A Texan measures distance in hours, not miles.
In late June, Frankie and I packed up the car and headed west on our third annual roadtrip to LA to visit family and friends. Each time, I've made the 2-day trek solo, which seems to confuse some people. Despite what they think, there are lots of great reasons to travel/roadtrip solo. And as a single lady, sometimes you can't wait around for the right time and travel-partner-in-crime.
The road calls and you must answer.
Growing up in Texas, the youngest in a veteran roadtripping family, I have a fondness for the bittersweet nature of the long drive. It takes Texans a while to get anywhere around the state, which is why we tend to measure distance by hours, not miles. Many curse the trek across the miles and miles of Texas roads.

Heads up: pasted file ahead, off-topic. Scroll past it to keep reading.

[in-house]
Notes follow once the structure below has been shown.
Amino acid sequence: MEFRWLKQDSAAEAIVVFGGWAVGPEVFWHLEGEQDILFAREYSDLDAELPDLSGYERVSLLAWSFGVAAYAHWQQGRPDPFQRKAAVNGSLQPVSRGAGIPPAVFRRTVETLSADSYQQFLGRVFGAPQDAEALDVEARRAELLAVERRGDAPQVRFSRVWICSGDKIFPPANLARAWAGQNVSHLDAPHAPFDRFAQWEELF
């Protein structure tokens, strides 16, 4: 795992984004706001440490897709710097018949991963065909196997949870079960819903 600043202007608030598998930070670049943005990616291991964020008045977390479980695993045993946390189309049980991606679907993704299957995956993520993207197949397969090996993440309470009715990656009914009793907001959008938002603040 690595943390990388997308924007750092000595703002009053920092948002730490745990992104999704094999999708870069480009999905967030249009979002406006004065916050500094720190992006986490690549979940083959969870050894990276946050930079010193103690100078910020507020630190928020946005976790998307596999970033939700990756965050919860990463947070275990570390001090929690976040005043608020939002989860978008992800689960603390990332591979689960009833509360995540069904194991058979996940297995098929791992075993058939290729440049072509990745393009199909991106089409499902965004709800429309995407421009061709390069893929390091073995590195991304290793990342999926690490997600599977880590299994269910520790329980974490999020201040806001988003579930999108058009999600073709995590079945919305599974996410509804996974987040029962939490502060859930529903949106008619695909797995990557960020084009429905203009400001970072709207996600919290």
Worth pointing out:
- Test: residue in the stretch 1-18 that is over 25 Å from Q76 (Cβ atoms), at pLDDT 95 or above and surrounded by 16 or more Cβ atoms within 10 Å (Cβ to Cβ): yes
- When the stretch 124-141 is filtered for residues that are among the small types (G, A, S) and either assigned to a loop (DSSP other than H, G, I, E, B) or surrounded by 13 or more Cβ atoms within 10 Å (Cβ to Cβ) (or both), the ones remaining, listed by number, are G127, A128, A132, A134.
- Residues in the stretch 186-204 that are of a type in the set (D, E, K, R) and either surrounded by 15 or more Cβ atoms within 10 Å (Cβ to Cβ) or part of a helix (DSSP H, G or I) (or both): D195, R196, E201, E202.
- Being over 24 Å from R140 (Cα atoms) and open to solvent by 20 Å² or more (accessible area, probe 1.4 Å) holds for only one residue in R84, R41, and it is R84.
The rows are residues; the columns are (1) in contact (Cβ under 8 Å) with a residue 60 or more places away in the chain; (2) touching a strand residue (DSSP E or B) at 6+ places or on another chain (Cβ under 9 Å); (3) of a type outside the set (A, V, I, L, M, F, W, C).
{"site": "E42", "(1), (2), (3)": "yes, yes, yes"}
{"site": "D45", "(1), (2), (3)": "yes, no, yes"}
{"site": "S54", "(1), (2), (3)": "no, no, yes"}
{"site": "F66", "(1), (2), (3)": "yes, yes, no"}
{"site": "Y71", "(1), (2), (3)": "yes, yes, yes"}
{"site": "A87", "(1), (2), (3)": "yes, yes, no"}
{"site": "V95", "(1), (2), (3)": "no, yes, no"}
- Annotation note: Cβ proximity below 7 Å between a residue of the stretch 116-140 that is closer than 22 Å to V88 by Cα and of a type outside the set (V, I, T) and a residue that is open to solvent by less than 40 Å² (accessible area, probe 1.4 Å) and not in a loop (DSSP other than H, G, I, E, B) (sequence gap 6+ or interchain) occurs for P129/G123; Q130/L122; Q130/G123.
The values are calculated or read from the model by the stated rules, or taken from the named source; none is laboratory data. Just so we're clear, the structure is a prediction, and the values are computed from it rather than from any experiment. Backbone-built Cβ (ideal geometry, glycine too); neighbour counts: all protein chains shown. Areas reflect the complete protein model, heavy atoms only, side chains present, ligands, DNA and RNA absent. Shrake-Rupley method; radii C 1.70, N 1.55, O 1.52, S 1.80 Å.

But I love the drive.
The stillness of dawn.
The way the land slowly flattens out from the hill country outside Austin to the wide open spaces of west Texas.
The picnics at rest stops.
The little roadside attractions.
The way Frankie curls up next to me.
The lull and sway of the road.
The genius, beauty, and simplicity of cruise control.
The knowing glances and synchronized back-stretching from other road-weary travelers at rest stops.
The mundane stretches of nothingness.
The freedom to stop whenever and wherever I want and as many times as my heart (or bladder) desires.
The simple, yet healing powers of having the windows down and the music up.
The giddiness when you cross another state line.
The relief when you get to your destination.
The good fortune of making it without getting a ticket.
The gratitude of my privilege to travel and explore.
The inevitable daydreaming of living on the road.
The comfort of returning home.
The sense of accomplishment in doing it all by myself.
The highs and the lows. I love it all.
These are just a few of my faves from the journey to LA and camping in the Sierras. Hope to have more images posted soon.